Few could have predicted the huge surge in popularity of MOBA games on mobile platforms, culminating in Tencent’s Honor of Kings becoming the world’s top-grossing mobile game this summer (with an estimated monthly revenue of $150 million).
J.P. Morgan has no fewer than twenty different mobile apps for its customers and staff, all ultimately designed to streamline and safeguard the movement of money.
Each app inevitably comes with risks: for example, the bank has an iOS app for its traders that authorises transactions of up to £20 million based on a single biometric login. Solid mobile testing and QA are therefore critical.
Responsibility for this testing rests on shoulders of J.P. Morgan VP Lee Crossley, who will soon be speaking at open(London) 2017 — an intensive one-day event focused on the latest QA methods and tools for mobile apps, games and VR.
How did Angry Birds reach one billion users within three years of its launch, and two billion users just 18 months later? And how is Rovio’s skill in creating free-to-play mobile games still driving the company’s success today?
Most answers to these questions have something in common: recognition for the sheer feeling of quality that the Angry Birds games exude in everything from their touch-responsiveness to their physics simulation and in-game economics. But this poses an additional question: how does Rovio achieve such quality?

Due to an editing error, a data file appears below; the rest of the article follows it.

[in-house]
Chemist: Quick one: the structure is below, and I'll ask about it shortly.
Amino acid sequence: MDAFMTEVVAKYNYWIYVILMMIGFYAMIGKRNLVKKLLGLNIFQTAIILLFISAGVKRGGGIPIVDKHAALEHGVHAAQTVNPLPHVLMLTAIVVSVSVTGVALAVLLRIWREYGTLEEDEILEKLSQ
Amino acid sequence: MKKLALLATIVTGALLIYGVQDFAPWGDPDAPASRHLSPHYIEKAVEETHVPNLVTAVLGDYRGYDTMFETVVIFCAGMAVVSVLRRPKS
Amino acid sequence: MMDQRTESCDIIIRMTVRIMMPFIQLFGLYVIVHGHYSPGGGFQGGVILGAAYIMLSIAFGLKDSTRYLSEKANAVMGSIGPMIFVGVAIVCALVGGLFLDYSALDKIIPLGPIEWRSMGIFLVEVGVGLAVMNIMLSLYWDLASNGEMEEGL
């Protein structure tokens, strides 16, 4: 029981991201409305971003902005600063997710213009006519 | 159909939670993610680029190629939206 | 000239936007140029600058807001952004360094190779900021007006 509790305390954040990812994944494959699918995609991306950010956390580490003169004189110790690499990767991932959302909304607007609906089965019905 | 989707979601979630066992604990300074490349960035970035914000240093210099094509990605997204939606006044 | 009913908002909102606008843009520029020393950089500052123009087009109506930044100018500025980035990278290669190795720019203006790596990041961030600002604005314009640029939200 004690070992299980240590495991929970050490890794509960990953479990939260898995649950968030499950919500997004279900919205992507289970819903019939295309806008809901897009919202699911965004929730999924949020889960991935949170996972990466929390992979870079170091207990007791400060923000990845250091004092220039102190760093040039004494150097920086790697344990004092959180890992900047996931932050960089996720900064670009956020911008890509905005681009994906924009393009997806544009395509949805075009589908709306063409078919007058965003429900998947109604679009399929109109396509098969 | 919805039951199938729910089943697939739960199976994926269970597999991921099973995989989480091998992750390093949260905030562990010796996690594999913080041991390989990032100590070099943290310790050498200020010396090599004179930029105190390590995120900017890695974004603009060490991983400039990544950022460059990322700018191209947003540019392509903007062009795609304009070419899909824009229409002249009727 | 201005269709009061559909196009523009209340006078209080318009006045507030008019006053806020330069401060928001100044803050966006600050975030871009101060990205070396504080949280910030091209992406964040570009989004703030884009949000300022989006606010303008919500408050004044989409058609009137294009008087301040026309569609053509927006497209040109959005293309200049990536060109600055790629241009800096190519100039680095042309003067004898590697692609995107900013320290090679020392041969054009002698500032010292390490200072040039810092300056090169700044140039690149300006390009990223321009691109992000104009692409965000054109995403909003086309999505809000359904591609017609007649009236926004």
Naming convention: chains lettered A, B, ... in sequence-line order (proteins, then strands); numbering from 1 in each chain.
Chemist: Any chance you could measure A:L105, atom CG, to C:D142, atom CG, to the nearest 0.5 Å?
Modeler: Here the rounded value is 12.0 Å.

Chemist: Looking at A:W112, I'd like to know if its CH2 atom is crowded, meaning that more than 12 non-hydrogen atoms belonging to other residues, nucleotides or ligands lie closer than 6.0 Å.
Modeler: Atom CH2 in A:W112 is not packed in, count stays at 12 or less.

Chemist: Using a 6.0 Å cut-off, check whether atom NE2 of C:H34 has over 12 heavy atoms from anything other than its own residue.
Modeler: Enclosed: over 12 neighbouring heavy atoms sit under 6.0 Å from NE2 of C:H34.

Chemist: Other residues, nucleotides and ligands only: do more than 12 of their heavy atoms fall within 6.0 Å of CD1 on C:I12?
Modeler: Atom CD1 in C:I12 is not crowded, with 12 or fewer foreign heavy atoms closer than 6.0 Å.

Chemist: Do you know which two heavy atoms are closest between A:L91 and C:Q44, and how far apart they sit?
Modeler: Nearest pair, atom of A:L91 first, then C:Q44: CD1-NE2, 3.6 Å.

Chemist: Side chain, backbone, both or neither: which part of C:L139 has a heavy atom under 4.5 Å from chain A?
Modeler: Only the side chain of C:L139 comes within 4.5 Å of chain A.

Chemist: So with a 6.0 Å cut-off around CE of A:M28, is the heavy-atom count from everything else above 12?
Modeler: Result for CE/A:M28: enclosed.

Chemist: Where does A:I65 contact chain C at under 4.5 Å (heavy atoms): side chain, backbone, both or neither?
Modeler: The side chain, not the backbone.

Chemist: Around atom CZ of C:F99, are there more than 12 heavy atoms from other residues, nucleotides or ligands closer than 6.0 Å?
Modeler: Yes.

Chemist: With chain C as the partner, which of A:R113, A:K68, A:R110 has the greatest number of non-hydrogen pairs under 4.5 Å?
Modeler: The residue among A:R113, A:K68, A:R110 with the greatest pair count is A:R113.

Mario has arrived fashionably late to the iPhone party and no one is holding it against him. Such is Nintendo’s reputation for quality that many gamers are actually expecting this week’s launch of Super Mario Run to set a new standard for mobile gaming.
We’ve been using GameBench to find out whether Super Mario Run delivers the objective hallmarks of quality: Does the game run at a perfect, console-like 60fps? Does it make efficient use of system resources and battery power? And does Mario manage to keep up with his Sega rival, Sonic, who has already had a long career in the “endless runner” genre on smartphones? Read on to find out...
News reading apps are the quiet ninjas of the mobile world. On the face of it, they perform a simple, repetitive task: displaying the daily news. Whether it's the Huffington Post, the BBC, The Guardian or the Mail Online, they all go about this task in very similar ways.
Behind the scenes, however, the popularity of the leading news outlets is so great, and there’s so much pressure to engage and retain habitual readers (who are fussy and spoilt for choice), that news reading apps have become the focus of huge amounts of technical skill and resources, both in terms of software development and QA. The apps may be simple, but perfecting them isn’t.